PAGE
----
These questions and more are the focus of a new study currently underway in New Zealand by co-investigators Dr. Anna Brooks, Senior Lecturer (School of Biological Sciences, Faculty of Science, University of Auckland) and Emeritus Professor Warren Tate (Department of Biochemistry, University of Otago) with Dr. Rosamund Vallings from Howick Health & Medical Centre as the key clinical investigator. ANZMES is pleased to provide partial funding for this research. Seed funding has also been awarded by Dr. Brooks’ department, Faculty, and the Maurice Wilkins Centre, a Centre for Research Excellence. However, most of the funding has been obtained via crowdfunding hosted by the University of Auckland Foundation. This funding avenue is still open and accepting donations: http://bit.ly/3AuTiYN

Dr. Brooks states “There is an urgent need to improve our understanding of the underlying biomedical mechanisms and immune dysfunction associated with Long COVID and other post-viral diseases. Already research is beginning to reveal the similarities between certain lingering symptoms following COVID-19 illness and ME/CFS. Patient groups are now strongly advocating for biomedical research on Long COVID to be collaborative, multidisciplinary and importantly, draw on the experience of those who have been investigating biomedical causes and mechanisms of ME/CFS.”

The experience Dr. Brooks refers to is that of Prof. Tate, winner of the Rutherford medal in 2010, who has been investigating ME/CFS since 2012, and has identified molecular signatures of ME/CFS. As co-investigators for this new study, Dr. Brooks and her team are conducting immunological studies and Prof. Tate and his team are performing molecular studies of Long COVID and its relationship to ME/CFS. Prof. Tate aims to perform molecular analyses on a subgroup of this study in addition to providing samples from his ME/CFS patient group for analysis of immunological status before and after vaccination. In addition to being an experienced cellular immunologist, Dr. Brooks is also Director of Auckland Cytometry, the core facility which houses the leading-edge technologies necessary to perform these critical analyses.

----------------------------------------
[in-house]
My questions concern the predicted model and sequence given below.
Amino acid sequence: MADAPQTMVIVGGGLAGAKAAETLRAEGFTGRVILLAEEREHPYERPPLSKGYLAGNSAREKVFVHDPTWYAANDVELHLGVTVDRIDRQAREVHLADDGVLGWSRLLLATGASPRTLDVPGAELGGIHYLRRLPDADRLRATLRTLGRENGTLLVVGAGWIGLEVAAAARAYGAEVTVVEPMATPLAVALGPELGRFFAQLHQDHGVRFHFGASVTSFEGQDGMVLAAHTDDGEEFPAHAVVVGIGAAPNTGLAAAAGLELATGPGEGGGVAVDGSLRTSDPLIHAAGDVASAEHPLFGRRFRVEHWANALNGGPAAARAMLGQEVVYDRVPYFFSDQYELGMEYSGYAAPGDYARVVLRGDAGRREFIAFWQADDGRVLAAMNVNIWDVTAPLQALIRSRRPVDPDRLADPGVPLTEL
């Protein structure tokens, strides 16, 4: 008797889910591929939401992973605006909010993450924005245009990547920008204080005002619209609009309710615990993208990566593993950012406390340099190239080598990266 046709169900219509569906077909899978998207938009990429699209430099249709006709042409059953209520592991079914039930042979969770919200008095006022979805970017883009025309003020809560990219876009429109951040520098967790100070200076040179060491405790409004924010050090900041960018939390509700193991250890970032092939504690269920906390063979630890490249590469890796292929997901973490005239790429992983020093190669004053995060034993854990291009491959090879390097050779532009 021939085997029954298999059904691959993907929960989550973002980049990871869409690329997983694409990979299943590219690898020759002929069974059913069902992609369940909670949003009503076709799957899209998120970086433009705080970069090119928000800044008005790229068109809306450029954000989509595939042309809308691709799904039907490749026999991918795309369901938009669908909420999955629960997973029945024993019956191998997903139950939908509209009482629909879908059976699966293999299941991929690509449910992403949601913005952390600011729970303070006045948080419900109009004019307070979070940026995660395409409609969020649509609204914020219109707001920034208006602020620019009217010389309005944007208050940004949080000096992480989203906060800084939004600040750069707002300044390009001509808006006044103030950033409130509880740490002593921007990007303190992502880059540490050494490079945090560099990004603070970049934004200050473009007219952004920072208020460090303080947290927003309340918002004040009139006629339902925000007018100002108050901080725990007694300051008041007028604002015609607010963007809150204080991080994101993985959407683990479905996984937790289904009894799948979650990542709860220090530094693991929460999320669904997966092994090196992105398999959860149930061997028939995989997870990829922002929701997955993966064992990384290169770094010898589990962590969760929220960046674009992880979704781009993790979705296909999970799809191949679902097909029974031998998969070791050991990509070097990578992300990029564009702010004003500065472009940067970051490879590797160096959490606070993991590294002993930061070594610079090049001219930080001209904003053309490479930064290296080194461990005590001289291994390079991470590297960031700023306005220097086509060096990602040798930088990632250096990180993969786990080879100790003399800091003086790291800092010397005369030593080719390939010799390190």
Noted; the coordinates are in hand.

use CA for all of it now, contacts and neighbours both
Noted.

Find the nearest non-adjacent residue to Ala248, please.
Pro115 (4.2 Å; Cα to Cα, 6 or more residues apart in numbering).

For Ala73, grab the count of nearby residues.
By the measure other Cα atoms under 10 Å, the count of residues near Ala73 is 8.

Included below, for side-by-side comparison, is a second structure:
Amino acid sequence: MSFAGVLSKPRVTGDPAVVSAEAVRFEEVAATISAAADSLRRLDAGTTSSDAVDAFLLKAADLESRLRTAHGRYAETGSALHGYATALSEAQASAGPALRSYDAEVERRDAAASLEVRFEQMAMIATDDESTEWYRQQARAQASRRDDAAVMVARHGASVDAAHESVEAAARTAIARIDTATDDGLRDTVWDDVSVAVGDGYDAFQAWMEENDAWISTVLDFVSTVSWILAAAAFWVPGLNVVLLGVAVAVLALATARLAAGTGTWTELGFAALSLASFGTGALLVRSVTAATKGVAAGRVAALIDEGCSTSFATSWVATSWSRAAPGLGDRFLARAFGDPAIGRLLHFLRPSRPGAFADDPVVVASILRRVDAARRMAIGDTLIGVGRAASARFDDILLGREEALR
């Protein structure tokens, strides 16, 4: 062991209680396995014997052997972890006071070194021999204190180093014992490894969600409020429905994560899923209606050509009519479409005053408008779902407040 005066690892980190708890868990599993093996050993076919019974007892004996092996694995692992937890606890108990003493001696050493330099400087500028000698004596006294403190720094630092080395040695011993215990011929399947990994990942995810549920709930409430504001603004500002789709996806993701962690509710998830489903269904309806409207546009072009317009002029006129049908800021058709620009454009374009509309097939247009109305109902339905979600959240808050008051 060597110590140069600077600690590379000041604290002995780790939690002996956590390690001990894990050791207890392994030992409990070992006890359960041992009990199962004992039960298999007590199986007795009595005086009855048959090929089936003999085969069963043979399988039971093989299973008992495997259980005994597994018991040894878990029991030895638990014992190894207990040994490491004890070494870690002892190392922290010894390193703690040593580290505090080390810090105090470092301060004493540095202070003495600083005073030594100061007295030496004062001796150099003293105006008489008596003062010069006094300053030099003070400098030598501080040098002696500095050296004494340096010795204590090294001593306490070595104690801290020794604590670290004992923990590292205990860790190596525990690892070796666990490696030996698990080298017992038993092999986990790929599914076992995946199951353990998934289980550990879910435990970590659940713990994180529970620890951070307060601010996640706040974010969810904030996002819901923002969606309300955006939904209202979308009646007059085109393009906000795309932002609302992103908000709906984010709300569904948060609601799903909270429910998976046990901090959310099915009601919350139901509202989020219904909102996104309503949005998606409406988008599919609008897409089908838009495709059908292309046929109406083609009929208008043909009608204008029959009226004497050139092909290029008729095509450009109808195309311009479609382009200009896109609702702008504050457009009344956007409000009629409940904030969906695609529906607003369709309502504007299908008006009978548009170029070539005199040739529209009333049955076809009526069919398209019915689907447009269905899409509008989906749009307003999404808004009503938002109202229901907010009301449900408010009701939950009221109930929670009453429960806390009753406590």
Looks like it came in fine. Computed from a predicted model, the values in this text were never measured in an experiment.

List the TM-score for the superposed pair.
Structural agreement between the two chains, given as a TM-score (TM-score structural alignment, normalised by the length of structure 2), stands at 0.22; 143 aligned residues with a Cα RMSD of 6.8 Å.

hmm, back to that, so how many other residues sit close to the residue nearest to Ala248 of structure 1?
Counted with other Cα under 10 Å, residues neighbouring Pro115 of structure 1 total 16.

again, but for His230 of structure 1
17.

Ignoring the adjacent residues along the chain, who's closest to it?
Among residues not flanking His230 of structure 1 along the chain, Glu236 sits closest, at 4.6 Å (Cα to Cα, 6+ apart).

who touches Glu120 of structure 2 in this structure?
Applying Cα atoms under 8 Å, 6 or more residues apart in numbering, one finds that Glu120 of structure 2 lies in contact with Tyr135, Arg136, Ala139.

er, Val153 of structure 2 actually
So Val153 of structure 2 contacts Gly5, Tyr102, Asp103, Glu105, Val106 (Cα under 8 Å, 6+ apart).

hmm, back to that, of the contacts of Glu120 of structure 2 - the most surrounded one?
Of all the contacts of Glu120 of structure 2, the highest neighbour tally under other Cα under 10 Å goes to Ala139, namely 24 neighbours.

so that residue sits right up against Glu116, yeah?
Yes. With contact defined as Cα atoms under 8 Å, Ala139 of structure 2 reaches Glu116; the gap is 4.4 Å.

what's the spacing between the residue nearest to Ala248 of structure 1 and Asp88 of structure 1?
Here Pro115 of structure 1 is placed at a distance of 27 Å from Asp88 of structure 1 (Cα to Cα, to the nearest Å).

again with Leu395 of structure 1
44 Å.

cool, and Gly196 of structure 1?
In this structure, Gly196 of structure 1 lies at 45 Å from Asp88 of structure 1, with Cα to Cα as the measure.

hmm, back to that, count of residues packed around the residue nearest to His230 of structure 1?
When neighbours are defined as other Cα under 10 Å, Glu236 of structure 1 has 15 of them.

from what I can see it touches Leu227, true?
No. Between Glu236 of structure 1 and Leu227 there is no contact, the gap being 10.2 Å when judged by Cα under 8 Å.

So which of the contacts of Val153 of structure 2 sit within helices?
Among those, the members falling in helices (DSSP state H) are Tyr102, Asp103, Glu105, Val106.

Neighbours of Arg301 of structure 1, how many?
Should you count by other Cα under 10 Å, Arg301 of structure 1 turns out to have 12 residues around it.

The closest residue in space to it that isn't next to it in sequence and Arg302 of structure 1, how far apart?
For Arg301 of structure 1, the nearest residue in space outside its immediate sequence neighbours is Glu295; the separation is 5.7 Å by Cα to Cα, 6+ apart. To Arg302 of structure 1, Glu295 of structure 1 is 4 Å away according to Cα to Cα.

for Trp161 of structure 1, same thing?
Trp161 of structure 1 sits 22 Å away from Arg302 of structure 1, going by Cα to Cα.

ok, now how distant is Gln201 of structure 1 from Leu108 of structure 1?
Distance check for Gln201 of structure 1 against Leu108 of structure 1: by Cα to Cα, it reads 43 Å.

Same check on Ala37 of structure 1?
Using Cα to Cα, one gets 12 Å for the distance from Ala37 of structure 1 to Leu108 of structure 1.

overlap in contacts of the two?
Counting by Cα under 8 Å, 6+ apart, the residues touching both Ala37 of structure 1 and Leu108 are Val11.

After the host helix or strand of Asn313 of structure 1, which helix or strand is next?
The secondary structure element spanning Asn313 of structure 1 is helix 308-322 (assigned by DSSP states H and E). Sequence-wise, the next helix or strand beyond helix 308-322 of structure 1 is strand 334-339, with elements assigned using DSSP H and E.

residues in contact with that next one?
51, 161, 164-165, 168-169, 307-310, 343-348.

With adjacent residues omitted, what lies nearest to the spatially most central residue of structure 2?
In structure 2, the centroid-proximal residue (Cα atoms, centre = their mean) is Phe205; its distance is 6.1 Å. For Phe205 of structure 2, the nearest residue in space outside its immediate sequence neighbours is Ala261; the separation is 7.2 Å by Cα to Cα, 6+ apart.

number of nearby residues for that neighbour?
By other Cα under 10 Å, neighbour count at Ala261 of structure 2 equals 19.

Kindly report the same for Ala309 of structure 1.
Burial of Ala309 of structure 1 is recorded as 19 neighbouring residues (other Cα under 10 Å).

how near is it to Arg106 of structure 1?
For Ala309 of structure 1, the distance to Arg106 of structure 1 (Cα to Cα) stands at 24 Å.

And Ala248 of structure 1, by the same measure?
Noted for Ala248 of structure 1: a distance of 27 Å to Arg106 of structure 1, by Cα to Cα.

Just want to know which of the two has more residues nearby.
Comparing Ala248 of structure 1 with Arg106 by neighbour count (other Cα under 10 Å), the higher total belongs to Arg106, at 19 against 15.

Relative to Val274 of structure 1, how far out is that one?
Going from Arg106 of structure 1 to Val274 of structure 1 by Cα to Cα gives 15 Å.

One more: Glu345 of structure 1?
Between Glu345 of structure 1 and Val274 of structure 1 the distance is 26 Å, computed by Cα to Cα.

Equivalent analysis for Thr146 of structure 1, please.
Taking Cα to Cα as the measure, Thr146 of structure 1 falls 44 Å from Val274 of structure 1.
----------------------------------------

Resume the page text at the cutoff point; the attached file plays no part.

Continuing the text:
How will this research benefit the ME/CFS community? Since a certain percentage of people with Long COVID symptoms also fit the diagnostic criteria for ME/CFS and many go on to receive this diagnosis as well, the samples analysed as part of this study will be beneficial in tracking early onset ME/CFS in comparison to Long COVID. It is hoped that the researchers will be able to identify key markers of immune dysfunction, especially as a percentage of samples will be obtained at very early stages of disease. This investigation into the unique immune signature of ME/CFS and Long COVID has the potential to unveil a biomarker specific to these conditions. As Dr. Brooks’ core expertise is with advanced flow cytometry, this research will screen for over 100 immune cell biomarkers which to date supersedes any previously screened for in ME/CFS research. “This will be a world first.” states Dr. Brooks.

ANZMES is proud to play a part in this exciting new research endeavour into ME/CFS and Long COVID and will continue to update the community with news as the study progresses. As always, ANZMES welcomes donations which enable continual contributions towards vital and potentially life-changing research: www.anzmes.org.nz.

Content Sourced from scoop.co.nz
Original url